Rock also agreed that increasing involvement of younger members of community is essential. 

“I see the historical society as continuing to provide these programs for public involvement but increasing the involvement of younger members of the community,” he said. “As SHS has made a strong, and so far successful effort to further the involvement of this group through programs such as goat yoga, history happy hour, the movies on the lawn, and yoga on the lawn, I see this trend as continuing to mark the society’s path.”

Marianne Howard is the executive director of the Smithtown Historical Society. For more information on the society, its events or programs or on becoming a member, visit www.smithtownhistorical.org or call 631-265-6768.

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Members of the Smithtown Youth Bureau hard at work. Photo from Stacey Sanders.

Smithtown is well aware that a community can’t prosper without happy and healthy kids, which is why it continues to give its young people a voice in how things operate.

Supervisor Pat Vecchio (R) announced the appointment of four residents to the Youth Advisory Board, a group of 19 high school students and nine adults from across the town who work alongside the Smithtown Youth Bureau and advise the town board on ways to address and accommodate the needs of young people in the community, at a public meeting Jan. 3.

The newly appointed members, Esther Jung, Julie Delaney, Denise Massimo and Kathleen Knoll Ehrhard, were accepted through an application on the town board website. As part of the process, each candidate had to write a brief letter to Vecchio detailing what they would like to accomplish in terms of youth matters and why they believed they would be valuable assets to the town.

For Jung, a 16-year-old junior at Commack High School, an issue she’s passionate about is her generation’s overattachment to technology, which she said she hopes to find a solution to in her time on the Advisory Board.

“Everyday at school I see students on their phones in class and I think the community would benefit if we brainstormed on how to limit teens and adolescents from consuming their time with technology,” Jung said. “We could have a more face-to-face conversation with people and go back to where we were once before.”

Each of the new members’ terms commenced Jan. 1, 2017, and will run through Dec. 31, 2019.

According to town code, Smithtown recognizes its youth deserves special attention and assistance in dealing with their needs, and the Youth Board acts as the voice of Youth Bureau policy.

With a third of its members under the age of 21, the board is certainly a fitting representation of its target demographic.

“These are young people that know how to interact with other young people,” Councilwoman Lynne Nowick (R) said. “They go to schools to help out, are involved with various local activities, and serve as liaisons between the town board and young people. I see it as a great interaction and we’re very proud to have them.”

Members meet once a month to develop and coordinate activities that help make the lives of their families and other children better and encourage community participation.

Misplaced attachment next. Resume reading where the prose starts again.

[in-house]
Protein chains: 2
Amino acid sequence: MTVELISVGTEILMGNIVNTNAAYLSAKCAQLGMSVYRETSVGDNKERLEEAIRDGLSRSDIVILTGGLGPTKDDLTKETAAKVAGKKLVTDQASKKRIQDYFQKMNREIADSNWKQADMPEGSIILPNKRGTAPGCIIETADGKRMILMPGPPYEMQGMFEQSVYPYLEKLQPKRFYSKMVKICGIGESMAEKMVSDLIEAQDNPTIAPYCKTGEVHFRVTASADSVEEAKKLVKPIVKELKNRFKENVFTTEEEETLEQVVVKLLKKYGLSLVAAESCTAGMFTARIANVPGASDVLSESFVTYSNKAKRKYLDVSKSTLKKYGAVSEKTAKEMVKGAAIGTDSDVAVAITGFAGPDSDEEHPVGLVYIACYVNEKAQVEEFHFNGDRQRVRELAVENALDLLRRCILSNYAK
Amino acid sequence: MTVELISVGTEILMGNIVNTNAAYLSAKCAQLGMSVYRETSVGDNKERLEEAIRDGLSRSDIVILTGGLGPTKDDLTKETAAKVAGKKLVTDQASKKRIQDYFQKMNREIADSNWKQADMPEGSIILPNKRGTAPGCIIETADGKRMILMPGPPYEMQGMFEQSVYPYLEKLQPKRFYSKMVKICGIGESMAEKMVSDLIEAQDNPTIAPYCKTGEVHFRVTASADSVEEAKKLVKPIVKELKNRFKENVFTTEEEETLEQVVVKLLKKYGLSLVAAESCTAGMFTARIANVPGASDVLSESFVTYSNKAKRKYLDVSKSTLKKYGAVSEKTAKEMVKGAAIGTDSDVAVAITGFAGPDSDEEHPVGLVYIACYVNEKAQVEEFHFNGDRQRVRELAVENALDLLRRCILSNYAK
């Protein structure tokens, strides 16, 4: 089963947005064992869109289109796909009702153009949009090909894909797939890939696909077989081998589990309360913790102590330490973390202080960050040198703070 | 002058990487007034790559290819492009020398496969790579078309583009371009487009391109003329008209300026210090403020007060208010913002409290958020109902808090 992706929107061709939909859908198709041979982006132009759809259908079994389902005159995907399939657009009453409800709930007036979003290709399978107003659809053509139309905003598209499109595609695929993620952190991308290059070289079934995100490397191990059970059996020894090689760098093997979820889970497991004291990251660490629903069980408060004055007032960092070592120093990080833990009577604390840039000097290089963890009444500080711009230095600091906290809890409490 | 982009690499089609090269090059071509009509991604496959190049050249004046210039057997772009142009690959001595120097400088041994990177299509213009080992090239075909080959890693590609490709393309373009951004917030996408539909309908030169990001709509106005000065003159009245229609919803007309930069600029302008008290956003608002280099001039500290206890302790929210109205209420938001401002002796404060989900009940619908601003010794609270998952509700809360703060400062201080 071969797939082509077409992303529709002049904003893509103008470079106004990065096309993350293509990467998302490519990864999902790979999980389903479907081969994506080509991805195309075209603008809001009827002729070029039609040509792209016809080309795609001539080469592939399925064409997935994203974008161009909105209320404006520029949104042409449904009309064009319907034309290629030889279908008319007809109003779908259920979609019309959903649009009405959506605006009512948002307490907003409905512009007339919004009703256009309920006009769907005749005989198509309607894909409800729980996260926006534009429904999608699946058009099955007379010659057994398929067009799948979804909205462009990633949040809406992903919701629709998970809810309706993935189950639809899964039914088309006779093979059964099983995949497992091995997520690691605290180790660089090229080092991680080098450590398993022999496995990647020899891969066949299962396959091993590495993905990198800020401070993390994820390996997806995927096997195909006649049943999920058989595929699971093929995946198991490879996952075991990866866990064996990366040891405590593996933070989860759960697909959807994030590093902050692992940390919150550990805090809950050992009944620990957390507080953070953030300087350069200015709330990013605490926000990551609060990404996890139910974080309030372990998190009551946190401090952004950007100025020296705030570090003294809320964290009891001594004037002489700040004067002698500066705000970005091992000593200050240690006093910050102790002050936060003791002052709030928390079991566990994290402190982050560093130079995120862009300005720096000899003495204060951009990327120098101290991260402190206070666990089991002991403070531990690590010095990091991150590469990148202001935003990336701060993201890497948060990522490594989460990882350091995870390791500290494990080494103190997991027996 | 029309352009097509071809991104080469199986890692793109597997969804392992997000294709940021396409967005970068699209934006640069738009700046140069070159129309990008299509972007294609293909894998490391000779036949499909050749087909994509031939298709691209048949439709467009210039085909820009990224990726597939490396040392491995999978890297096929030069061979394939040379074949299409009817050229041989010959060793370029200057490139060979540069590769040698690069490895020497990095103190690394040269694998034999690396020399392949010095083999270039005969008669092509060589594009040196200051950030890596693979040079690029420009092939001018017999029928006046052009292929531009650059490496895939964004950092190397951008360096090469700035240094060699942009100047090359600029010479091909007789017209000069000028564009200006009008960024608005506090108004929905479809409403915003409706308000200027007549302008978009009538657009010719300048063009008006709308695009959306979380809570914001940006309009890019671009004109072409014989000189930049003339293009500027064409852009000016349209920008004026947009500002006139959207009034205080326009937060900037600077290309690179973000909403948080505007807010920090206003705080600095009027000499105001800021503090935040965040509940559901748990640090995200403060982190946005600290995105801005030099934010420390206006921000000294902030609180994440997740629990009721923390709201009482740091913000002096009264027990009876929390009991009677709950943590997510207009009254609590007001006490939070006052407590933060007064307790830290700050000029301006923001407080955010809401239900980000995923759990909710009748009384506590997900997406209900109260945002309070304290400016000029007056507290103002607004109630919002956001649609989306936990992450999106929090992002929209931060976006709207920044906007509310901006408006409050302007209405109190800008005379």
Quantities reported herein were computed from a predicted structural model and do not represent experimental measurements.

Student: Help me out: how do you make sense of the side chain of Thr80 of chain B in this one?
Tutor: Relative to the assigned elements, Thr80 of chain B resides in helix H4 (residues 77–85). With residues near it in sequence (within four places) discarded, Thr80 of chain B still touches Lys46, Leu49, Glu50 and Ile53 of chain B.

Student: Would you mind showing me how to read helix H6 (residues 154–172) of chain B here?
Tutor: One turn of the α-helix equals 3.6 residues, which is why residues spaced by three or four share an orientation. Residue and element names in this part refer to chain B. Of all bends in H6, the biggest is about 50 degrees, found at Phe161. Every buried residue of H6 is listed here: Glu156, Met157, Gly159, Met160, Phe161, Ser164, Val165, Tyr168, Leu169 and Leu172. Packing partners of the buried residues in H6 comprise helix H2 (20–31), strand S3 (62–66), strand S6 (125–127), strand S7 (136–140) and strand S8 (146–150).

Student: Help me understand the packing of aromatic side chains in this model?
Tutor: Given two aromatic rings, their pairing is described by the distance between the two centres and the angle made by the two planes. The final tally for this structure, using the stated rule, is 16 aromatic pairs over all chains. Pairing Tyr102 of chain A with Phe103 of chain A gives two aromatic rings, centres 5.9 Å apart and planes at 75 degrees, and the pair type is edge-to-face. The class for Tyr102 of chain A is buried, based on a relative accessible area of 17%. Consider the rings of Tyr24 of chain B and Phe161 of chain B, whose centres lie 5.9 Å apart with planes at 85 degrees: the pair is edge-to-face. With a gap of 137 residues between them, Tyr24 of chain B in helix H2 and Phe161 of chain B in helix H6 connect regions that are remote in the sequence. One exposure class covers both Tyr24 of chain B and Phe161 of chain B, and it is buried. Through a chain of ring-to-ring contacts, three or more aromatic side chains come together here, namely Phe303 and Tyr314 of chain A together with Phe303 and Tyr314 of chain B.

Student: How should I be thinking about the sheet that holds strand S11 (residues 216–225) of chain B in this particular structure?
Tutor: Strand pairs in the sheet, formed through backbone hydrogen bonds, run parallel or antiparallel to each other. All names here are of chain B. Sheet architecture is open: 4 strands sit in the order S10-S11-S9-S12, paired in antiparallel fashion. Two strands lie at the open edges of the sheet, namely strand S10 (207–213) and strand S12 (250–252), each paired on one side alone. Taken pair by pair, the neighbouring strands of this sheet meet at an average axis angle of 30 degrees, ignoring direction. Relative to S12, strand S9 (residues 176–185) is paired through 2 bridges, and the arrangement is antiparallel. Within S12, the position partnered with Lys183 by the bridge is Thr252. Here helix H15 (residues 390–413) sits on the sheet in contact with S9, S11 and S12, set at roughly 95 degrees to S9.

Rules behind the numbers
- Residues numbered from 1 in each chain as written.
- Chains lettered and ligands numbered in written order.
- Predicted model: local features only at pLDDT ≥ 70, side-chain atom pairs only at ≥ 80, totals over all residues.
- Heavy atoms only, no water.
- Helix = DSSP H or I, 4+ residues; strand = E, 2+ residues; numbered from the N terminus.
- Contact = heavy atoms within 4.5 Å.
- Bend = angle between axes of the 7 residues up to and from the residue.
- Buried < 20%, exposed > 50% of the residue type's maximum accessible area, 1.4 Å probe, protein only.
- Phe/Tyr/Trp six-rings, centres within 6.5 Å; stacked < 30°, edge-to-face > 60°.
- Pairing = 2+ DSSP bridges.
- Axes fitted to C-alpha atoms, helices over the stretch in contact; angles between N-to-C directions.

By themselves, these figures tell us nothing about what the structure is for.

Just in the past year, the Advisory Board worked together with the Youth Bureau to bring Global Youth Service Day to multiple school districts, celebrating and mobilizing those in Smithtown under 21 who have improved their communities through service, as well as a Safe Summer Nights Pool Night at the Smithtown Landing Country Club for grades 6 and up. The board has developed community education seminars and empowerment programs for students focusing on a range of important topics, like the dangers of underage drinking.

A fundraising campaign was held to provide school supplies to kids in need as well as a food drive for Smithtown Emergency Food Pantry. Working predominantly with schools, volunteers help the bureau provide enrichment programs, intervention programs for kids experiencing difficulties or exhibiting behavioral issues, substance abuse prevention programs and anger management programs.

Stacey Sanders, executive director of the Youth Bureau and secretary of the Advisory Board, said the board has a needs assessment committee, a youth empowerment committee, a social media committee and a board training committee.

“The board helps keep the supervisor and [town officials] aware of the needs and beliefs of what’s needed, what residents are actually feeling — adults and youth — and the problems faced in the community,” she said.

Alexis Davitashivili, a junior at Commack High School who joined the Advisory B`oard in September, said her favorite initiative so far was when she and other student volunteers went to a local grocery store and placed approximately 1,100 stickers on alcohol cases to try and put a stop to underage drinking. The stickers read “Your Actions Matter! Preventing underage drinking is everyone’s responsibility.”

“It’s important for young people to get involved in their community because they’re kind of the faces of the community,” she said. “Although older people are involved, not all younger children listen to adults. Hearing things from a teen or someone close to your age is going to have more of an affect on them and the community as a whole. It might even help the adults open their eyes, like ‘oh if a child can do it, so can I.’”

If you’re a high school student or adult interested in joining the Youth Advisory Board, call the Youth Bureau at 631-360-7595 for more information.